Depth and space use of leopard coralgrouper Plectropomus leopardus using passive acoustic tracking

Matley, J.K., Heupel, M.R., and Simpfendorfer, C.A. (2015) Depth and space use of leopard coralgrouper Plectropomus leopardus using passive acoustic tracking. Marine Ecology Progress Series, 521. pp. 201-216.

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View at Publisher Website: http://dx.doi.org/10.3354/meps11122
 
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Abstract

Understanding fish movements can help define the seasonal importance of different habitats and isolate spatial and temporal vulnerability to exploitation. Leopard coralgrouper Plectropomus leopardus is one of the main targeted fishery species in the Great Barrier Reef; however, there is no information on long-term movement patterns based on continuous and frequent data points. The objective of this study was to determine long-term space use of P. leopardus and identify any seasonal variation in movement trends. A total of 124 P. leopardus were implanted with V13P acoustic transmitters between 2010 and 2012 and passively tracked. Forty-five VR2W receivers were deployed at 2 reefs to track the movements of tagged individuals. The influence of time of day, season, tagging year, location, and water temperature on several movement measures was investigated. Of the 124 fish tagged, 74 individuals had sufficient detections to be included in analysis of horizontal movement, and 55 were used to analyse vertical movements. Results showed increased horizontal movements and higher activity in deeper water during the day in the austral summer. Movement patterns, both vertically and horizontally, appeared to be influenced by water temperature, but also corresponded with spawning season. Despite increased movements during summer, individuals typically remained in a small area ~0.5 km2 throughout detection periods, indicating that long-range spawning-related movements are rare and that adequate resources are obtained within a small section of habitat year-round. This study provides long-term (~3 yr) movement data for an economically significant reef fish and increases knowledge of spatial and temporal space use patterns.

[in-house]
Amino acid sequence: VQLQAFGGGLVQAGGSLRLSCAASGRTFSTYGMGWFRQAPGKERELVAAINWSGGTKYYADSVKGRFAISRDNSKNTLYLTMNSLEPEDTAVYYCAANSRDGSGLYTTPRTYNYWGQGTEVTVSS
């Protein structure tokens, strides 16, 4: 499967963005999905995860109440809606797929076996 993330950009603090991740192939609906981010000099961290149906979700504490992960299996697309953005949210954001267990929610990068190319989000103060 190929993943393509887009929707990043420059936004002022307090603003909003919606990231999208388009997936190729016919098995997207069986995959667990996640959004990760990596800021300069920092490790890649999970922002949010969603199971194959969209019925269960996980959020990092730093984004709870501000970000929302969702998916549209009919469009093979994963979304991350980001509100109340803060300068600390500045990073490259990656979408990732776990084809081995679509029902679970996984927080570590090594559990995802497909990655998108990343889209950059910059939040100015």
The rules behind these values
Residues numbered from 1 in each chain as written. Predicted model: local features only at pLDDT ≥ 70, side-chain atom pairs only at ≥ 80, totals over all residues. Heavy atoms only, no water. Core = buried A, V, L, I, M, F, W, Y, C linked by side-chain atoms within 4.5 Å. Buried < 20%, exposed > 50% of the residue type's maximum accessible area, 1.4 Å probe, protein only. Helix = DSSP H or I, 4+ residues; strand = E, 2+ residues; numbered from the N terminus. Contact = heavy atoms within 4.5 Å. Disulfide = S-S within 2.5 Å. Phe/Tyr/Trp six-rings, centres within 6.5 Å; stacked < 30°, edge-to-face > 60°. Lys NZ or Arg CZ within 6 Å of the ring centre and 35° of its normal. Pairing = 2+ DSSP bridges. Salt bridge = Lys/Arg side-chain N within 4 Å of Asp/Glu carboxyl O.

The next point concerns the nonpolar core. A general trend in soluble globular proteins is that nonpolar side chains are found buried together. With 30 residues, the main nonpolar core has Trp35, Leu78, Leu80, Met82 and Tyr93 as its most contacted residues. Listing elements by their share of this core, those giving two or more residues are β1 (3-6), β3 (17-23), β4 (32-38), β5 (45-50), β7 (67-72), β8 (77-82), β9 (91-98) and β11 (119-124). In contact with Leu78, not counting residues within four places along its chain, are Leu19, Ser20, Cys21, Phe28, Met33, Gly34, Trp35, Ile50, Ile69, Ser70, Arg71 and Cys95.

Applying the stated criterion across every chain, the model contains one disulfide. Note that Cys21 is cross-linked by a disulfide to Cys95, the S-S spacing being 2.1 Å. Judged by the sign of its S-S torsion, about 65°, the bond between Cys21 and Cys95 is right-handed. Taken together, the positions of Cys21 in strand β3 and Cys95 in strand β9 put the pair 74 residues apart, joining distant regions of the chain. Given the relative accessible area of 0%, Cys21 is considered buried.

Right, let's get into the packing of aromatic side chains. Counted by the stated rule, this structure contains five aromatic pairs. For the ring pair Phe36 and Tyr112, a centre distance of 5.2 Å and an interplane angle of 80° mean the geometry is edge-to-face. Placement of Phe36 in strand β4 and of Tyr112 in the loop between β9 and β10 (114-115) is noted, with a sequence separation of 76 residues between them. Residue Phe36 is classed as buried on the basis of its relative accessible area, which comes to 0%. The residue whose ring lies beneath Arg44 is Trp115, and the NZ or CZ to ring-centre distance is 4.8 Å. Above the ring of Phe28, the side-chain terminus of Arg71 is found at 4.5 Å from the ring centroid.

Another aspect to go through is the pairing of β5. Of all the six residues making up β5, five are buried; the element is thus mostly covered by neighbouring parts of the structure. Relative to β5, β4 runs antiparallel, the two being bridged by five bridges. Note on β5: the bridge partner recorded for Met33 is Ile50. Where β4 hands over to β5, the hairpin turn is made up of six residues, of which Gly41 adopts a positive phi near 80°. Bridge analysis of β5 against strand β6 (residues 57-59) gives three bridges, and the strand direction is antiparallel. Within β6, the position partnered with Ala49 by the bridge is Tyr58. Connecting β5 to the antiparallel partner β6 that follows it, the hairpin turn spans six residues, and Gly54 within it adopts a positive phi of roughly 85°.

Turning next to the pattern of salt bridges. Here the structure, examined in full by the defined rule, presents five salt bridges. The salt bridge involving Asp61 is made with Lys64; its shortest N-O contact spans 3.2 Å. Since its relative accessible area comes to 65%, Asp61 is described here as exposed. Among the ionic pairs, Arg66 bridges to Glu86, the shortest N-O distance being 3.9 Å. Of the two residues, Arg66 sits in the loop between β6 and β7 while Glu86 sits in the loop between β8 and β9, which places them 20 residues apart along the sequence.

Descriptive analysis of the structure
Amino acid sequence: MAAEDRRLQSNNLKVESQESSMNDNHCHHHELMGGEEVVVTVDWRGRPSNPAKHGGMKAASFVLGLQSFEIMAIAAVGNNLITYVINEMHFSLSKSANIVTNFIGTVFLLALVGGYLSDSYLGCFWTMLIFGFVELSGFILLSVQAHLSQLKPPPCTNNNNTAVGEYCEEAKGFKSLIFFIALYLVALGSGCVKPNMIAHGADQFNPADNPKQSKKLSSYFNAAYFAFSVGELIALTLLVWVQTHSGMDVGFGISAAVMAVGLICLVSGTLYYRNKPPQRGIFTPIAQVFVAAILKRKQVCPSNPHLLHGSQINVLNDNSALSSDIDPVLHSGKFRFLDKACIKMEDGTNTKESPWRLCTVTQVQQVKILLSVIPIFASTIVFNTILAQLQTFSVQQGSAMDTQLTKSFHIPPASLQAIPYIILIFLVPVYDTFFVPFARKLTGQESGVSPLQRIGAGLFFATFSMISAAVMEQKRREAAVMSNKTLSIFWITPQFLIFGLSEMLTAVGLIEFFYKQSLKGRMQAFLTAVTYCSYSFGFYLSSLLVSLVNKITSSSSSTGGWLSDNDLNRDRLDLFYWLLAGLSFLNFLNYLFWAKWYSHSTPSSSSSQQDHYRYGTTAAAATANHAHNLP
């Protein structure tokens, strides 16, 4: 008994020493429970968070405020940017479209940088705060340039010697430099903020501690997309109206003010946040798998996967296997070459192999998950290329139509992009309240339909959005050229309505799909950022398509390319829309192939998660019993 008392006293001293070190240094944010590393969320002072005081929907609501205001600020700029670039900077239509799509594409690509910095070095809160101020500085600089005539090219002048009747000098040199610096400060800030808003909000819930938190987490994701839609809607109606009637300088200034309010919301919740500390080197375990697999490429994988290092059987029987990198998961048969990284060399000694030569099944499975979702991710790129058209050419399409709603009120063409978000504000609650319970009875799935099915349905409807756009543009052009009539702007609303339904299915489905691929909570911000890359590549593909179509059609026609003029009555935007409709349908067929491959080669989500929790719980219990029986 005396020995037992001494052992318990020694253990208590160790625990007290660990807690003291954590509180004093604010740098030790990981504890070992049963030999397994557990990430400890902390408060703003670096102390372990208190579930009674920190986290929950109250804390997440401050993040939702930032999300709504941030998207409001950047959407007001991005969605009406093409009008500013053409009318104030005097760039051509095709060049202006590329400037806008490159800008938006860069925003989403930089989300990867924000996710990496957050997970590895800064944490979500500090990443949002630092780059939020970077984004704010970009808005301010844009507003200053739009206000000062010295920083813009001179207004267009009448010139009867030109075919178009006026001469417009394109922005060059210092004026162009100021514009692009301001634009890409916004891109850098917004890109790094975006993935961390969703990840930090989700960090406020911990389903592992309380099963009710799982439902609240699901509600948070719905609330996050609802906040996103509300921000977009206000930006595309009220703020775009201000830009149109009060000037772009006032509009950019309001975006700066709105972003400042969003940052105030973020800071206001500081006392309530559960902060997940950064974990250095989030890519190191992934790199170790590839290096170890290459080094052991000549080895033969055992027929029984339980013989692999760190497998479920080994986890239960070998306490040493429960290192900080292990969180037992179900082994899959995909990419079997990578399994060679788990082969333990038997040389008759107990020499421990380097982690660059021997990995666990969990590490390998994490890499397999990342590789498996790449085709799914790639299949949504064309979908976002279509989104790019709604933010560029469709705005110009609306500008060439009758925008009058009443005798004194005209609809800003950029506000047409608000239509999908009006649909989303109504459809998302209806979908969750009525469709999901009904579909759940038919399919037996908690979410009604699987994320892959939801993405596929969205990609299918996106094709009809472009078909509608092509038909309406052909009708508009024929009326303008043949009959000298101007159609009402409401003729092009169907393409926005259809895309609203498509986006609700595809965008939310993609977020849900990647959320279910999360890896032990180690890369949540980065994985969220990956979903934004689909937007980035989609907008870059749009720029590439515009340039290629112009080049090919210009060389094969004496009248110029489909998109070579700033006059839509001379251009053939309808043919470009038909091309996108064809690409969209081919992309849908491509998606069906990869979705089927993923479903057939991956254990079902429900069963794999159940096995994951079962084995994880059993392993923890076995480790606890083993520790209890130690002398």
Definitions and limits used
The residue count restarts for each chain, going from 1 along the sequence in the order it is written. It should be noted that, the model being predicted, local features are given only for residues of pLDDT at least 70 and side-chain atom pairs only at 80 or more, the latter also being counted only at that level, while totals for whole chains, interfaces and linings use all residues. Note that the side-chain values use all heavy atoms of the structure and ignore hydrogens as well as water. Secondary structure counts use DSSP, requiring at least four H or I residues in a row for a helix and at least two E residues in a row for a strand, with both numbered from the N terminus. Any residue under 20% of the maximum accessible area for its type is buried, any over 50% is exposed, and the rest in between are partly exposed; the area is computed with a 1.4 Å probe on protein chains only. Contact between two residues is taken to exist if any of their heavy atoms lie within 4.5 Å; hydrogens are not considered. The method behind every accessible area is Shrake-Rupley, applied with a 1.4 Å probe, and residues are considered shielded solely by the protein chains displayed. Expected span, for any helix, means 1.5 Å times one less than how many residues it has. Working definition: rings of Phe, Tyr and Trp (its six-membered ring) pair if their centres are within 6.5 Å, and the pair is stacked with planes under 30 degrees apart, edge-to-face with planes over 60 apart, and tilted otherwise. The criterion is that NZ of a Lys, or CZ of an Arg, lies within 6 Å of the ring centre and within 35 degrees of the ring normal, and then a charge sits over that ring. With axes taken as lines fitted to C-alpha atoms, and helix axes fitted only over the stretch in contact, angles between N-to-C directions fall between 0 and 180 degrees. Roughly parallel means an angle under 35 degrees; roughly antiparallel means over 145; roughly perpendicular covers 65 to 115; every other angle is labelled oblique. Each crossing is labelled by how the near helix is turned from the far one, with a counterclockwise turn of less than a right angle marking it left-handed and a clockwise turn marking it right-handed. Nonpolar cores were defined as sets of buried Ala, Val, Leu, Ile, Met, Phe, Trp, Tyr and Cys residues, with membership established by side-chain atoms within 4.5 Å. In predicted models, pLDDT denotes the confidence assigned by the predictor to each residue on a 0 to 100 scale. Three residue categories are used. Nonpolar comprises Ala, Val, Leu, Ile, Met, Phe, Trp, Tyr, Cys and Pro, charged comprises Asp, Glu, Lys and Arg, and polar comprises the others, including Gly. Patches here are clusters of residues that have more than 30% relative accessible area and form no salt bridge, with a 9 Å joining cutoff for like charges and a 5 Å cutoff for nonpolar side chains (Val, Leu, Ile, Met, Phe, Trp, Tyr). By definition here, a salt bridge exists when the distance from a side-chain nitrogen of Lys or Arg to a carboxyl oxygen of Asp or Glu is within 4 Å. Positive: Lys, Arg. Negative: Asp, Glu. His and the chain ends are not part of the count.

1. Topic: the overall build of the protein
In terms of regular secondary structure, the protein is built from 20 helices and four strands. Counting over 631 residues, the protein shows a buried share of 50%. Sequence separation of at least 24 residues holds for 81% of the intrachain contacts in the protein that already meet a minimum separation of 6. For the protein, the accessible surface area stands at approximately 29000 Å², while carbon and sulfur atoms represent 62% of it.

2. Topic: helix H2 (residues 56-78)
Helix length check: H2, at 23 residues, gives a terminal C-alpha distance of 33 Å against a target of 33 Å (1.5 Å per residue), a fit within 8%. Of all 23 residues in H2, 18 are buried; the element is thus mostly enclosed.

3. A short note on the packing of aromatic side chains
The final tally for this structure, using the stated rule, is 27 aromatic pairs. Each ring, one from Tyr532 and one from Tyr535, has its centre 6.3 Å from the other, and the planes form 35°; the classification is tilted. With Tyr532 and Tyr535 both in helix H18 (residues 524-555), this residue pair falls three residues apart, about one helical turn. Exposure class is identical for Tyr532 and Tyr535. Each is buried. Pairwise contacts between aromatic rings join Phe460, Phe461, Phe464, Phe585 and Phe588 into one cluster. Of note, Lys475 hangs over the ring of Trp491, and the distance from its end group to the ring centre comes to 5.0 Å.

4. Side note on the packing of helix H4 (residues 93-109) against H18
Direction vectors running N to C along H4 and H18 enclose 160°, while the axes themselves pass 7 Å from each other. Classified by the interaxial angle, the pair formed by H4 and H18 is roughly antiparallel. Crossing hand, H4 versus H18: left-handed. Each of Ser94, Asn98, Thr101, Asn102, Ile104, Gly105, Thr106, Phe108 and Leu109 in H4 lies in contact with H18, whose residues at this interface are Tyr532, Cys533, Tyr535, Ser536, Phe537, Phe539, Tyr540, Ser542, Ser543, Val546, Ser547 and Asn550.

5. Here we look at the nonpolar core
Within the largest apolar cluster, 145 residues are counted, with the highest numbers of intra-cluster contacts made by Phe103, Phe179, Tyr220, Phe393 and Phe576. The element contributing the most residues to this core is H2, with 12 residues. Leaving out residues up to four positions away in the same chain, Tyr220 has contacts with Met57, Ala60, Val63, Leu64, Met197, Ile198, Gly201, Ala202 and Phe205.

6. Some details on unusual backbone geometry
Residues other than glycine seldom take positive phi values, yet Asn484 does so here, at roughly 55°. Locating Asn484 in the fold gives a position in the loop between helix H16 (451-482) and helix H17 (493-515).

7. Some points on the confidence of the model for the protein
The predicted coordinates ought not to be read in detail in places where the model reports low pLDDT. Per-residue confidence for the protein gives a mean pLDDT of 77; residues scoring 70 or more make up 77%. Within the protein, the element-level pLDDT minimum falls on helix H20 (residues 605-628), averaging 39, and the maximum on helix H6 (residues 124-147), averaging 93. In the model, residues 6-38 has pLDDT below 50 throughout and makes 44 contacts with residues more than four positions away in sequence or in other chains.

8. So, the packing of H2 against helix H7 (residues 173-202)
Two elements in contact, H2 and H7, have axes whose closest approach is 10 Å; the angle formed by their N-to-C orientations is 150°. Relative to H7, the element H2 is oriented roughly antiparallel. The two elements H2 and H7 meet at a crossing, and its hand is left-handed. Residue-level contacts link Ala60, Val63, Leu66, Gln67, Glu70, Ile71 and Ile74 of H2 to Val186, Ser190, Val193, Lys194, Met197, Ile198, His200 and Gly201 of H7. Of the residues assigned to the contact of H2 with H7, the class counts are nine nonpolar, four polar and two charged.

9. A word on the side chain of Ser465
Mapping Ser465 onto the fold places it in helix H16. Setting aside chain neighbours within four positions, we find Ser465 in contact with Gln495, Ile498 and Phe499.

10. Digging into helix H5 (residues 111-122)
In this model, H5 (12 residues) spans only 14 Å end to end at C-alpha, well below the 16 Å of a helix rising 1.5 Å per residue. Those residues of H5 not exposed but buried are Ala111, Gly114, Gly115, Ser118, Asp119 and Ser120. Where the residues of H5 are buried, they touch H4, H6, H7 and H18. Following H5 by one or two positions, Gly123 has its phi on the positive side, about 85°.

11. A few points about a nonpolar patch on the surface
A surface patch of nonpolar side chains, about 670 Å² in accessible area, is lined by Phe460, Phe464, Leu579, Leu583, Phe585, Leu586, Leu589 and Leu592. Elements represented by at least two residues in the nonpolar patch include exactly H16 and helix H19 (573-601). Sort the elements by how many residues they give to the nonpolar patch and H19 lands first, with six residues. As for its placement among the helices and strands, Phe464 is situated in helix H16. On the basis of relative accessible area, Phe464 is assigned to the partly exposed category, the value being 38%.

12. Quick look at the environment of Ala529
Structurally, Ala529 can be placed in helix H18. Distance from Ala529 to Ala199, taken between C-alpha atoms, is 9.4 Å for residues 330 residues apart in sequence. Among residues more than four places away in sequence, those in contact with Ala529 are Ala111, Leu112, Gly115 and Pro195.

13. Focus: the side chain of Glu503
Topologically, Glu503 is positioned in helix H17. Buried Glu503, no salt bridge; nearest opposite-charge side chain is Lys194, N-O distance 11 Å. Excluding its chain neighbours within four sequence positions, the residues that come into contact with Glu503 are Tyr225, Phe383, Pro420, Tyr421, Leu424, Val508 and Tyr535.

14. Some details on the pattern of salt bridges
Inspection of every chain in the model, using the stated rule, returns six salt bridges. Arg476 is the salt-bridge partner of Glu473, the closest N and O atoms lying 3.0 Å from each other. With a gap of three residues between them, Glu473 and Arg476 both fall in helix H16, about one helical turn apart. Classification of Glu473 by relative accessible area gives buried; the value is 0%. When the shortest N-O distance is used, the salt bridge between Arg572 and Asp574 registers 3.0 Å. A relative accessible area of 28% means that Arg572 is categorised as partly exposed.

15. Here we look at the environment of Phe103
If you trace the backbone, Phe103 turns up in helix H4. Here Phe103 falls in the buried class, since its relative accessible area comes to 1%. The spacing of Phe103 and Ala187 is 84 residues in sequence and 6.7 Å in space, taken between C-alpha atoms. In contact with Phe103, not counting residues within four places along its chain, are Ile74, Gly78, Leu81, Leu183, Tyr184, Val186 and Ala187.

Item ID: 41713
Item Type: Article (Research - C1)
ISSN: 1616-1599
Keywords: spawning, foraging, Epinephelidae, home range, residency, roaming, movement
Funders: Australian Research Council (ARC), Australian Institute of Marine Science (AIMS), School of Earth and Environmental Sciences, James Cook University
Projects and Grants: ARC FT100101004
Date Deposited: 08 Dec 2015 17:27
FoR Codes: 07 AGRICULTURAL AND VETERINARY SCIENCES > 0704 Fisheries Sciences > 070402 Aquatic Ecosystem Studies and Stock Assessment @ 30%
06 BIOLOGICAL SCIENCES > 0602 Ecology > 060205 Marine and Estuarine Ecology (incl Marine Ichthyology) @ 70%
SEO Codes: 83 ANIMAL PRODUCTION AND ANIMAL PRIMARY PRODUCTS > 8302 Fisheries - Wild Caught > 830204 Wild Caught Fin Fish (excl. Tuna) @ 60%
96 ENVIRONMENT > 9605 Ecosystem Assessment and Management > 960507 Ecosystem Assessment and Management of Marine Environments @ 40%
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